2.1. Research location and time: The Central Highlands General Hospital from January 2019 to August

2.2. Subjects of study: All patients admitted to the Central Highlands General Hospital were diagnosed with acute coronary syndrome between January 2019 and August 2019.

2.3. Methodology

2.3.1 Design: Using descriptive cross section method with convenience sampling method

2.3.2. Sample

Sample size: The sample size is calculated according to the main goal of the project to determine the rate of dyslipidemia in patients with acute coronary syndrome and is calculated by the formula of calculating the sample size to estimate a proportion in the population.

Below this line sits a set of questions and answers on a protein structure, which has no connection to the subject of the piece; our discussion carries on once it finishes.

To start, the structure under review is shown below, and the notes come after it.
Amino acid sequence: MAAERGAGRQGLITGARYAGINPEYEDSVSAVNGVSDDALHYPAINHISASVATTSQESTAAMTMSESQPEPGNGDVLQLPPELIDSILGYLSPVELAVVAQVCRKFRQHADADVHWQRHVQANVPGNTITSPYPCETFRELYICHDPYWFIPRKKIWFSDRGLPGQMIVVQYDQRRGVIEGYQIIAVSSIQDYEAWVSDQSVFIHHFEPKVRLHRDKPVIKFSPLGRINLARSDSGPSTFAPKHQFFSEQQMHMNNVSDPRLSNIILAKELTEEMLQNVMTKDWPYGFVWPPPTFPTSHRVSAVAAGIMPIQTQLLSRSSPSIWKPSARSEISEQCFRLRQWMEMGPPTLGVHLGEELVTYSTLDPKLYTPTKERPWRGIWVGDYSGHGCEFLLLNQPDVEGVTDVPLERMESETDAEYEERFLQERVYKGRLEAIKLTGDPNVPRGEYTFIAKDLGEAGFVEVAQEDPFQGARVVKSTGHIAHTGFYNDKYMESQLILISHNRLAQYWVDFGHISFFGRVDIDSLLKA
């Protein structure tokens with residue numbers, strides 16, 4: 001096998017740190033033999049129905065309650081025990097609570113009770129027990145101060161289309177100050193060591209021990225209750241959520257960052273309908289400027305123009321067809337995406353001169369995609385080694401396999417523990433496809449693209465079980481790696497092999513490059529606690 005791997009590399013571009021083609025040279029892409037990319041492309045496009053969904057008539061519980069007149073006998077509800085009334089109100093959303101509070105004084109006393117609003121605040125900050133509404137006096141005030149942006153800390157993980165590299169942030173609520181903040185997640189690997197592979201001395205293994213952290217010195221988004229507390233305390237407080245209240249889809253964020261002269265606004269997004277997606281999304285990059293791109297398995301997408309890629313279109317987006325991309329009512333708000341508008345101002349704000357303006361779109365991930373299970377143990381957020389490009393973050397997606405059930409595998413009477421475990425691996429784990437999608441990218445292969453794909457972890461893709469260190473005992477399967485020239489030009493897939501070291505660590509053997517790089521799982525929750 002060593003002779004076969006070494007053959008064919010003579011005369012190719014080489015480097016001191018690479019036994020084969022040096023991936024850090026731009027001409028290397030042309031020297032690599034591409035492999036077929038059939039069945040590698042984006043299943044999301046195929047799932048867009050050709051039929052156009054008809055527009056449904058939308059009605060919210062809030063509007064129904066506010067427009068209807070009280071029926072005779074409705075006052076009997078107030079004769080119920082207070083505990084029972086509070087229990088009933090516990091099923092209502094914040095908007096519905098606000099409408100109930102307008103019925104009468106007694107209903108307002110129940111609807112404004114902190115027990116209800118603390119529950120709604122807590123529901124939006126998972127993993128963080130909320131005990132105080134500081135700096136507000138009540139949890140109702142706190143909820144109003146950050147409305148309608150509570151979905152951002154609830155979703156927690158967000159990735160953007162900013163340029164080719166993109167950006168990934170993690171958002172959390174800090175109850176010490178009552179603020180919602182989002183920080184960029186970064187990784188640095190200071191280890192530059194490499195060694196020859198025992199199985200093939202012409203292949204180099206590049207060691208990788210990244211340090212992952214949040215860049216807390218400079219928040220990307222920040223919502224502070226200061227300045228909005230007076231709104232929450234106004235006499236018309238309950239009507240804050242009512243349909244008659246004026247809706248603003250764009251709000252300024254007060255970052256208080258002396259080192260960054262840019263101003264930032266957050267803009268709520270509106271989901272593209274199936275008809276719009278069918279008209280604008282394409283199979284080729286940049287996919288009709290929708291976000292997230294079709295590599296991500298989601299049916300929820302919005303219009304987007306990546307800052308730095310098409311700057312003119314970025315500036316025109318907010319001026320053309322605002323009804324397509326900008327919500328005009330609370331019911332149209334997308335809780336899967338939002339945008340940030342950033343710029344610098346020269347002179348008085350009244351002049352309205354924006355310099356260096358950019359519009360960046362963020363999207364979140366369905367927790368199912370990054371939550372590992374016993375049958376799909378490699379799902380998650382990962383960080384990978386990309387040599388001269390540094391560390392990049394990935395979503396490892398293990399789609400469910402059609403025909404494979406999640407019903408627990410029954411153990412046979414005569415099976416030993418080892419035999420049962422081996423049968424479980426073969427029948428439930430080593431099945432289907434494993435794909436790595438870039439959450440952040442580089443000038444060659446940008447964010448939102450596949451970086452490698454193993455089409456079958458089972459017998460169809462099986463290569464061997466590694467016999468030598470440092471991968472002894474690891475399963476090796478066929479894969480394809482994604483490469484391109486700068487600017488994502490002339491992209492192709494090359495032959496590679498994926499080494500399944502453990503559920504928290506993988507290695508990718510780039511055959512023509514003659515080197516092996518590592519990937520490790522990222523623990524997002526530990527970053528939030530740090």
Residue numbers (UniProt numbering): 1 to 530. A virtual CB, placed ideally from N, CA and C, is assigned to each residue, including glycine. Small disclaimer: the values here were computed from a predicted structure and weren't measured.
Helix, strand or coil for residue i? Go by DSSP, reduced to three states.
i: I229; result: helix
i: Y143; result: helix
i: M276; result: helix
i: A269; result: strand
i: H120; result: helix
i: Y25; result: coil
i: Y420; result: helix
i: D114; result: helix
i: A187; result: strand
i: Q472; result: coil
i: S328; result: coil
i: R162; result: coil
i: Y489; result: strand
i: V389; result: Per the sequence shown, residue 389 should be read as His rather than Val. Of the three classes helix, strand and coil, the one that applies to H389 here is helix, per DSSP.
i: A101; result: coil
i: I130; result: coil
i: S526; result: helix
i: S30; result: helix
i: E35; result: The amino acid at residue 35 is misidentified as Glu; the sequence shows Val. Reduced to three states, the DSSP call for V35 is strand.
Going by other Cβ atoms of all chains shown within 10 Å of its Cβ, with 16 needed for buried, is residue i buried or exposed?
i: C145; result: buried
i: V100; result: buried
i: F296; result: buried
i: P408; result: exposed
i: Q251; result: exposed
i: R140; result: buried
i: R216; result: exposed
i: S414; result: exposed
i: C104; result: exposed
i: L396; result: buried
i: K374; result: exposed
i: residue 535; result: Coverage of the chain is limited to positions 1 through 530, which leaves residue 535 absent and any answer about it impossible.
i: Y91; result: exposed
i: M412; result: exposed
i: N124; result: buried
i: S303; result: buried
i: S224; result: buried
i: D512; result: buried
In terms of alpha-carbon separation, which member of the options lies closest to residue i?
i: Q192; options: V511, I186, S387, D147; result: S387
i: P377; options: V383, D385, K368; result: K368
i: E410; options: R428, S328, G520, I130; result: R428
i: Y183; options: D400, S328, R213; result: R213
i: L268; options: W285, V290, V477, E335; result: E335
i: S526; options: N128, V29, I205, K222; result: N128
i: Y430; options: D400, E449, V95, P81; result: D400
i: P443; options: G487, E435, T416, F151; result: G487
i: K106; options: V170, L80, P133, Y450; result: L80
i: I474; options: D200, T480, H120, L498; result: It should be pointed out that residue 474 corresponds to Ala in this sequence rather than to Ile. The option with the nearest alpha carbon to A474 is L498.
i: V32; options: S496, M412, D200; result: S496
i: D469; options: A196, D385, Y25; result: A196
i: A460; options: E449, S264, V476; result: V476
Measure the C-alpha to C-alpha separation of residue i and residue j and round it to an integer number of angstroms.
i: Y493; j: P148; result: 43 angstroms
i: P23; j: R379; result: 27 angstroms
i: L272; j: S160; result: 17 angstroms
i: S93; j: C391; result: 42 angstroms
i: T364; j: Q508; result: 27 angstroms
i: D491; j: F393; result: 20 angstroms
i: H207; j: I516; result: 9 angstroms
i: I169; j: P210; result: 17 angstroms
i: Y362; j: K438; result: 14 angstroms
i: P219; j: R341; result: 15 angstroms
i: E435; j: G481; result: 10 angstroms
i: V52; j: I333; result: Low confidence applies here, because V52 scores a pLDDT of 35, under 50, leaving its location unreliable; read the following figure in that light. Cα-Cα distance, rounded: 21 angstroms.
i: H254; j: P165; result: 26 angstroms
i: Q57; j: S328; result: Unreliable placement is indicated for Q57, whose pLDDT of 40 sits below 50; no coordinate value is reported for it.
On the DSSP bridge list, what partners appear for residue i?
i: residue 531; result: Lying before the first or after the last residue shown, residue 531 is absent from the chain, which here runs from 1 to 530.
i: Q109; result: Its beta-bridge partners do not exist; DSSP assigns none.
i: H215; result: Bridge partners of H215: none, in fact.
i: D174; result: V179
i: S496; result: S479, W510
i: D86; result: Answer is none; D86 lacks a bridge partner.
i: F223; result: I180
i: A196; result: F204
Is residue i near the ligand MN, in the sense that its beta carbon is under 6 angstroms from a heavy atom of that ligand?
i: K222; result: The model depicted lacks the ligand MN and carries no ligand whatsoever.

In which: n: Minimum sample size. α: Probability of type 1 error, if α = 0.05, Z (1-α / 2) = 1.96. p is the desired dyslipidemia rate, taken from the previous study of Pham Thi Thu Hong with p = 0.6512. Choose ε = 0.1, we calculate the sample size is n = 72. In fact, we have studied 216 patients, tripple that number.

2.3.3.  Data collection

2.3.3.1. The main variables in the study

* Dyslipidemia: Diagnosis, determination of dyslipidemia according to NCEPATP III standards. Considered dyslipidemia when having one or more of the following disorders: Blood cholesterol> 5.2 mmol / L (200 mg / dL), Triglycerides> 1.7 mmol / L (150 mg / dL), LDL-cholesterol> 2.58 mmol / L (100 mg / dL), HDL-cholesterol <1.03 mmol / L (40 mg / dL) [6].

2.3.3.2. Measures to limit bias

Technical training for members of the investigation team. The questionnaires were tested and revised through trial research before conducting the official investigation. Face to face interview. Use measuring devices that meet design standards and the same type. Supervised during the investigation.

2.3.4. Processing and analyzing data

Enter and process data using SPSS software 20.0.199

– Descriptive statistics:

  • Statistical analysis: